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Online exhibitions spotlight groundbreaking artists from America's oldest active arts colony
William Freed, Still Life with Red Background, 1955.
NEW YORK, NY.- Building on its mission to preserve, showcase, and promote the work of artists who died without recognition of their full talent, POBA | Where the Arts Live has partnered with the Provincetown Art Association and Museum to posthumously celebrate artists from America’s oldest active arts colony, with the first-ever online exhibition of work by abstract expressionists Lillian Orlowsky(1914-2008) and William Freed (1928 – 1984).

Officially launched in July 2014, POBA is a program of the James Kirk Bernard Foundation, a nonprofit organization created to honor the artistic interests of Jamie Bernard, a young writer and artist (1987- 2010). POBA empowers families, estates, publishers, and representatives to preserve a deceased artist’s creative legacy and make it accessible for new audiences to discover and experience their work. Celebrating its 100th anniversary this October, PAAM is a nationally recognized cultural institution that fuses the creative energy of America’s oldest active art colony with the natural beauty of outer Cape Cod that has inspired artists for generations.

Under the partnership, POBA will present a series of exhibitions and live stream events showcasing PAAM artists over the next year. According to POBA spokeswoman Jennifer Cohen, the organizations chose to inaugurate the partnership with the Orlowsky and Freed exhibitions because both artists passionately believed in supporting under-appreciated artists. She pointed to The Lillian Orlowsky and William Freed Foundation Grant, an annual award made possible through an endowment to PAAM, which brings attention to mature artists who deserve wider recognition but demonstrate financial need in the pursuit of their art.

For more than fifty years, Orlowsky and Freed shared their lives as artistic peers, friends, and then as a married couple at the forefront of the abstract expressionist movement in Provincetown and New York City. Having met while waiting in line to pick up their paychecks from the Works Project Administration, the Depression-era federal project that transformed American art in public spaces, Orlowsky and Freed studied under the influential Hans Hofmann. Together, they helped shape a significant chapter of art history - the dramatic arc from realism to abstraction - with other great Provincetown artists such as Willem de Kooning, Lee Krasner, Sam Feinstein and Jackson Pollock. (See full bios of Orlowsky and Freed below.)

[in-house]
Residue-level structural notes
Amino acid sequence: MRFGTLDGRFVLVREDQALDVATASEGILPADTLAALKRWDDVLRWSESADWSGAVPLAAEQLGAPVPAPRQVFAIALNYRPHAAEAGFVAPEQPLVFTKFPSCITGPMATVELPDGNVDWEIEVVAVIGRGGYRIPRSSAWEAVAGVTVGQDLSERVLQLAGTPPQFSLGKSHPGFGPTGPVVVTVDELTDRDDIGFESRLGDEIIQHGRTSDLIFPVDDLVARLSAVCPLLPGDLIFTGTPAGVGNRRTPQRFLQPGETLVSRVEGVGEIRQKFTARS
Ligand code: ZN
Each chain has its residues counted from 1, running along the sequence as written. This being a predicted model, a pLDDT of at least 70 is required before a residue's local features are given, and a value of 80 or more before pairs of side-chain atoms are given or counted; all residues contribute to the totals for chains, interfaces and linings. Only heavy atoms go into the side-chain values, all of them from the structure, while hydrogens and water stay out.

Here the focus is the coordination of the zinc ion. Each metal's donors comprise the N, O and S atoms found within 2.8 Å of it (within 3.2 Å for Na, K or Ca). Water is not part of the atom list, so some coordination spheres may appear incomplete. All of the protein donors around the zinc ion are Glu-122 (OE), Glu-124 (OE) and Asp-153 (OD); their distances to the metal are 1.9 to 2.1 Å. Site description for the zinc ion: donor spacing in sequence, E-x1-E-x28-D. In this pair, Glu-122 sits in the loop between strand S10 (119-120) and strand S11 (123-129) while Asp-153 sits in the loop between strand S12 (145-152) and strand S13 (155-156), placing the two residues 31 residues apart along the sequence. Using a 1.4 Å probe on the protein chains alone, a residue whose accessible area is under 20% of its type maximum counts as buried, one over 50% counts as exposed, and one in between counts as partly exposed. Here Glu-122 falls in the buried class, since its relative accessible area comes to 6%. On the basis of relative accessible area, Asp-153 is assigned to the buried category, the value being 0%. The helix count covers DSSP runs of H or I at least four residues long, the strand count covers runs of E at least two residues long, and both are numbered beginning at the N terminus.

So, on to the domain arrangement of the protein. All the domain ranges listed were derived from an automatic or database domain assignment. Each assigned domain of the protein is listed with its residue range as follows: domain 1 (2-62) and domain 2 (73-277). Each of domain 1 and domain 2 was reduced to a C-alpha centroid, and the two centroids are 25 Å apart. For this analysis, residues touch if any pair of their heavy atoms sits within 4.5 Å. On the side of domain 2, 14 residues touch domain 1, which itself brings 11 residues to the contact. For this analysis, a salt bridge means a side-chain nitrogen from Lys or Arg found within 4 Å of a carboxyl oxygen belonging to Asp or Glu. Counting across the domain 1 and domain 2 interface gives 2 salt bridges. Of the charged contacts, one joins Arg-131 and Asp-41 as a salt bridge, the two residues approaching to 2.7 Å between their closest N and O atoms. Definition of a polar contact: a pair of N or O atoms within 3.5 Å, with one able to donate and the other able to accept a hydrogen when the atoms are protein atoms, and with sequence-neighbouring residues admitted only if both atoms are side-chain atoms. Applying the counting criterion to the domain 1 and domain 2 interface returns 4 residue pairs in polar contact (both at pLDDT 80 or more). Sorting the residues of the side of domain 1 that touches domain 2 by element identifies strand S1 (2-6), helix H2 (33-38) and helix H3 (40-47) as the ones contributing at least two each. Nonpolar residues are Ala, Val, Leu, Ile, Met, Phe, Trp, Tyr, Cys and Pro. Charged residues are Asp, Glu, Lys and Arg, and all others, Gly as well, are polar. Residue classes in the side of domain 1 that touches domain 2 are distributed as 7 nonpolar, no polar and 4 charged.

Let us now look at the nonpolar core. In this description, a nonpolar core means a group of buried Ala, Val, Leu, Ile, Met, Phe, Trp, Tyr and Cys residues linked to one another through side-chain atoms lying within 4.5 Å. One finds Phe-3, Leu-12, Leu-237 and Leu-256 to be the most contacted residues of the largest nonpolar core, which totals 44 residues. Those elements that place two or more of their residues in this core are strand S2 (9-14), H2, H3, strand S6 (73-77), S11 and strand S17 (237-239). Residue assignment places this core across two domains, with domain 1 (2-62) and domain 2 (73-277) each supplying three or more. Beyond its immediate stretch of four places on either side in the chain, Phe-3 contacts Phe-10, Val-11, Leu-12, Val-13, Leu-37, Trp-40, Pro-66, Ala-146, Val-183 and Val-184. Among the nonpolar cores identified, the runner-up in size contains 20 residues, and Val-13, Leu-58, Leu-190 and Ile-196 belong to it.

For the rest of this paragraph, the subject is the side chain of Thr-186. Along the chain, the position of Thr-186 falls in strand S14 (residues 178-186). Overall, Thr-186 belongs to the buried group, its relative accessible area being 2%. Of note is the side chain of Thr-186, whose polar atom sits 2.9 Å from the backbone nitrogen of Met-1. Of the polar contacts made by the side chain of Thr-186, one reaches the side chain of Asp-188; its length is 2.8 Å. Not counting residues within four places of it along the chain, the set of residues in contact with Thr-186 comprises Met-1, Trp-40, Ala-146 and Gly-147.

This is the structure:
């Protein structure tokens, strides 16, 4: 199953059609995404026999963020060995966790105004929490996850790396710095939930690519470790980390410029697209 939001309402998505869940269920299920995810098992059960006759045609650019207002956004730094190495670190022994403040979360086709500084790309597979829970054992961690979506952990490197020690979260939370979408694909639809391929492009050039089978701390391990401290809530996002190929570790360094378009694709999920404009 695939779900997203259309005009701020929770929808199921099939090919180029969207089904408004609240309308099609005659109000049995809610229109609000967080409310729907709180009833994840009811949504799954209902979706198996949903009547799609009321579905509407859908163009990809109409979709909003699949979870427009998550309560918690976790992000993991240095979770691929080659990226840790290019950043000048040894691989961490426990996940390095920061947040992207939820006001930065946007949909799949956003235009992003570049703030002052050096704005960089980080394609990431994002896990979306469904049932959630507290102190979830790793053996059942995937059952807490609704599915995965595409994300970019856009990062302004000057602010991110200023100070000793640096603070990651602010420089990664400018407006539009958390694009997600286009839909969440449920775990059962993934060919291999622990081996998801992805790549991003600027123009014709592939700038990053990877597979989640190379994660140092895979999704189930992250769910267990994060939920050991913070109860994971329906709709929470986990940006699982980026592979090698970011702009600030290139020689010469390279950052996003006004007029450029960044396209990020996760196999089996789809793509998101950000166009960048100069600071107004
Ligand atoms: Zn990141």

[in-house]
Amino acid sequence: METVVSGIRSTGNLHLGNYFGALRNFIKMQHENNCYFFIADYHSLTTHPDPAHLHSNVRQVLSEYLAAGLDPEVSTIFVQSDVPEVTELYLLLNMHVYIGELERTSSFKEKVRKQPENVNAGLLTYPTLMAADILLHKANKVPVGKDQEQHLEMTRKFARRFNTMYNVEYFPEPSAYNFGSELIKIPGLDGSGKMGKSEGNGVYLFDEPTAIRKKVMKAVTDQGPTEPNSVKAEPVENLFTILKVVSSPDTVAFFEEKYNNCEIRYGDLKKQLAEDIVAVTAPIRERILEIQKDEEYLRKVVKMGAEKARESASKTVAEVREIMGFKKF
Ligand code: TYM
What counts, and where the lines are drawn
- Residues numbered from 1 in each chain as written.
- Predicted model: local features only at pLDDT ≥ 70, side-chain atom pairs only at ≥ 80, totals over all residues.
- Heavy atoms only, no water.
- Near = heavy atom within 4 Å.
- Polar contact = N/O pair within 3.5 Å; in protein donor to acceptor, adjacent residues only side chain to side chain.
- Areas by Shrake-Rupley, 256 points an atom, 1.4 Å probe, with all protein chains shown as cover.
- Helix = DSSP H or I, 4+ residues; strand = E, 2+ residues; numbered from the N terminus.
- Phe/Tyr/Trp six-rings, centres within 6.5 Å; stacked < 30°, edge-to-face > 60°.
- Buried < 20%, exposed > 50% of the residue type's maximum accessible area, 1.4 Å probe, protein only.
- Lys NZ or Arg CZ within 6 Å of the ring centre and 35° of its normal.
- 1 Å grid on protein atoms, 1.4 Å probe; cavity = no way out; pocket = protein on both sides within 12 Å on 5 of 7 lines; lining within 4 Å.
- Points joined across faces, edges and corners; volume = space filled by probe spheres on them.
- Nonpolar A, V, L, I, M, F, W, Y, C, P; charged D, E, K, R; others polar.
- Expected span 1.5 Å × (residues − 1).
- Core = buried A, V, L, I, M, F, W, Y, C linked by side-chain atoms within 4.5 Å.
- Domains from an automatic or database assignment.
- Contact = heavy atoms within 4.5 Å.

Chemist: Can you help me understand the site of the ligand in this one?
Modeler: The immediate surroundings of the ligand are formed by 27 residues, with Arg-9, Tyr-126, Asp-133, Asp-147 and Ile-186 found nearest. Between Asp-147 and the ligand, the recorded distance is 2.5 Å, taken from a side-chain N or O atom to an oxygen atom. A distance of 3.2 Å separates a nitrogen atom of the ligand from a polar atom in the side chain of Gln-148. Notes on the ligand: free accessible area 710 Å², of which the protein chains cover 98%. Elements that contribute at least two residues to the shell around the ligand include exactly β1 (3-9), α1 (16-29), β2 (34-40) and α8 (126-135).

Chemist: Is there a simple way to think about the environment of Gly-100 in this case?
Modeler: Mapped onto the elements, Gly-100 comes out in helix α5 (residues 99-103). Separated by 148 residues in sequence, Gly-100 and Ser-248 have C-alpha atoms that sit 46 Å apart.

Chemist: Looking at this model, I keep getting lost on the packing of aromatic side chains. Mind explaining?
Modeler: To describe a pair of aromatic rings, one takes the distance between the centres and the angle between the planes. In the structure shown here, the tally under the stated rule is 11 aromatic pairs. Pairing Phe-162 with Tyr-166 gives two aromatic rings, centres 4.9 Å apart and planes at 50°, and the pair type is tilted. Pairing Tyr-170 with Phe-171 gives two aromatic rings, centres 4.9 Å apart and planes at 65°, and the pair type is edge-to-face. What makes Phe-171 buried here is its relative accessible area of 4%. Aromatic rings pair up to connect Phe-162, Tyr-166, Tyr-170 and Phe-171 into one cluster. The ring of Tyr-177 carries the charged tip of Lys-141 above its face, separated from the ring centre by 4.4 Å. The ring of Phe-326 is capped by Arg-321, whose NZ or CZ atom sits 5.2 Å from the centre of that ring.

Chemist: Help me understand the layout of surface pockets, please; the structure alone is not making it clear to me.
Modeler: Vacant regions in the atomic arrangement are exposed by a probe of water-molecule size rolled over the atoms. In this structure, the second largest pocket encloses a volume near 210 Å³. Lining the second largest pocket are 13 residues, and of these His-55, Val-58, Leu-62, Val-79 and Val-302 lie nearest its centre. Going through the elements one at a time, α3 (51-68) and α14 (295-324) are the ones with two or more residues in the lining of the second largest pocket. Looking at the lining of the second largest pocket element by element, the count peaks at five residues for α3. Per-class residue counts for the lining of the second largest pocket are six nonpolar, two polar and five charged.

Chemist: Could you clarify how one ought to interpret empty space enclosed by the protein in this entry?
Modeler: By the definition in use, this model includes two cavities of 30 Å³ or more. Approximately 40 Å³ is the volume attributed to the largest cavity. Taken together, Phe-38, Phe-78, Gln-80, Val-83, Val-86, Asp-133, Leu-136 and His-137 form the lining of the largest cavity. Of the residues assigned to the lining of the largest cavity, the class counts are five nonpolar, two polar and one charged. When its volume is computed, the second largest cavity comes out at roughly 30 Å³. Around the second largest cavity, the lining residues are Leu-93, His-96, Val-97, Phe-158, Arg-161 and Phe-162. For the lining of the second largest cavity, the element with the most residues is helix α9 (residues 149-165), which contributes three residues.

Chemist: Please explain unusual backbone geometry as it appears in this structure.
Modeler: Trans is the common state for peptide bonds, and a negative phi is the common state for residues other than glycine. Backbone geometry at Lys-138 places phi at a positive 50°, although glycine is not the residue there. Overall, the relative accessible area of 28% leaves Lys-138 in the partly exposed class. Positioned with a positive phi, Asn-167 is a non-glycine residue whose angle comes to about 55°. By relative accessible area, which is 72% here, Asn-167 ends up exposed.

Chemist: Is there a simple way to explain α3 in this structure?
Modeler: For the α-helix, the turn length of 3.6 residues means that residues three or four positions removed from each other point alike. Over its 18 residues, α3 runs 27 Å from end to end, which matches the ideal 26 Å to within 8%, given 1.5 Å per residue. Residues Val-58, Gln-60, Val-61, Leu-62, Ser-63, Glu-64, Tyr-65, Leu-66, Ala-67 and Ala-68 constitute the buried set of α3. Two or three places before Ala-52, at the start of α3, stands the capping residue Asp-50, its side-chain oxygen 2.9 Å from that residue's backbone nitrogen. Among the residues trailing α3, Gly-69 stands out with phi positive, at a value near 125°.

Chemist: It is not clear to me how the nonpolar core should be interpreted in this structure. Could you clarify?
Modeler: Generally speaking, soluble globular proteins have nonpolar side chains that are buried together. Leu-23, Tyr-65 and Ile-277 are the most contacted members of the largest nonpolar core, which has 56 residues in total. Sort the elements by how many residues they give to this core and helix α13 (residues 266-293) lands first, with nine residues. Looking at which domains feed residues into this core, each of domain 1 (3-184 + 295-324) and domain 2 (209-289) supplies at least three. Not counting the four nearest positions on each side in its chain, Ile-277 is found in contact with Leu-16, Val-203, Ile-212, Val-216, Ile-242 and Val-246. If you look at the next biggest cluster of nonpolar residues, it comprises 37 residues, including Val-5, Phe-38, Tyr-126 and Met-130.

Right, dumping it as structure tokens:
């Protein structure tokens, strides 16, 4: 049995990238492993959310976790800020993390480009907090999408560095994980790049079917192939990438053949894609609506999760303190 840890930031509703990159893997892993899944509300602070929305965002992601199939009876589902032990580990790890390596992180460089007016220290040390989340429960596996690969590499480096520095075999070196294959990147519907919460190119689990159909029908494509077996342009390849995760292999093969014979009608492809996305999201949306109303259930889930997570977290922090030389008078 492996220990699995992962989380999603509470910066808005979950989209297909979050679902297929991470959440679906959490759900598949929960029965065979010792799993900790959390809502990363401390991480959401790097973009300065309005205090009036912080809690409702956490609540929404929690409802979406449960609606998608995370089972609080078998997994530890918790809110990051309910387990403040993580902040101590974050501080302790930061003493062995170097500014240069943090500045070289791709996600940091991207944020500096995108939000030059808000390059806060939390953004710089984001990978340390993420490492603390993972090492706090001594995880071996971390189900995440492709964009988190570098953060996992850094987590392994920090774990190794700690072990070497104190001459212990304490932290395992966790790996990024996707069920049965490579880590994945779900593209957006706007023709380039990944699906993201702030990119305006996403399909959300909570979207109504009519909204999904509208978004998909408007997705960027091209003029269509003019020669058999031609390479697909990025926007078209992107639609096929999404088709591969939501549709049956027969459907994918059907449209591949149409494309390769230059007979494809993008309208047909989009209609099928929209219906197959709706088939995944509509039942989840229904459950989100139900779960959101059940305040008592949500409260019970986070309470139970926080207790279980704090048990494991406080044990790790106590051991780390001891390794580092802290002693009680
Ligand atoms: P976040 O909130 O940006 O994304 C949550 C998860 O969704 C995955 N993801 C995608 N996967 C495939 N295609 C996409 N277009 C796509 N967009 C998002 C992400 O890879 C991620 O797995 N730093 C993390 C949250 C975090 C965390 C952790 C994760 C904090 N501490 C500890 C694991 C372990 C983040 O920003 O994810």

“We are thrilled to partner with an organization like the Provincetown Art Association and Museum that shares our dedication to keeping the creative works of deceased artists alive,” said Jennifer Cohen, managing partner of Songmasters, which designed and developed POBA. “As a place of unparalleled community, beauty, and inspiration, Provincetown and the Outer Cape are home to an extraordinary roster of remarkable artists. We are looking forward to introducing them to a wider, global audience through POBA.”

“For 100 years Provincetown Art Association and Museum has been committed to bringing public attention to artists of extraordinary talent,” said Chris McCarthy, executive director, PAAM. “Lillian Orlowsky and William Freed lived and breathed their work as working artists, PAAM members, and instructors, and are true examples of the what it means to be dedicated to the craft. We’re grateful to POBA for creating a platform to further expose these important, under-recognized artists.”

Taking its name from the phonetic pronunciation of the Tibetan word "phowa," which refers to the transfer of consciousness at death to a new life, POBA worked with many families as well as leading institutions and galleries, such as the American Ballet Theater and The Berta Walker Gallery, to launch last month with galleries by artists both famous and lesser known – from author Norman Mailer’s rarely seen Picasso-inspired drawings to the performances and choreography of American Ballet Theatre wunderkind Clark Tippet to the recently discovered music demos by Badfinger’sPete Ham and Tom Evans, whose song "Baby Blue" in last year’s Breaking Bad finale introduced the band to a new generation of fans.





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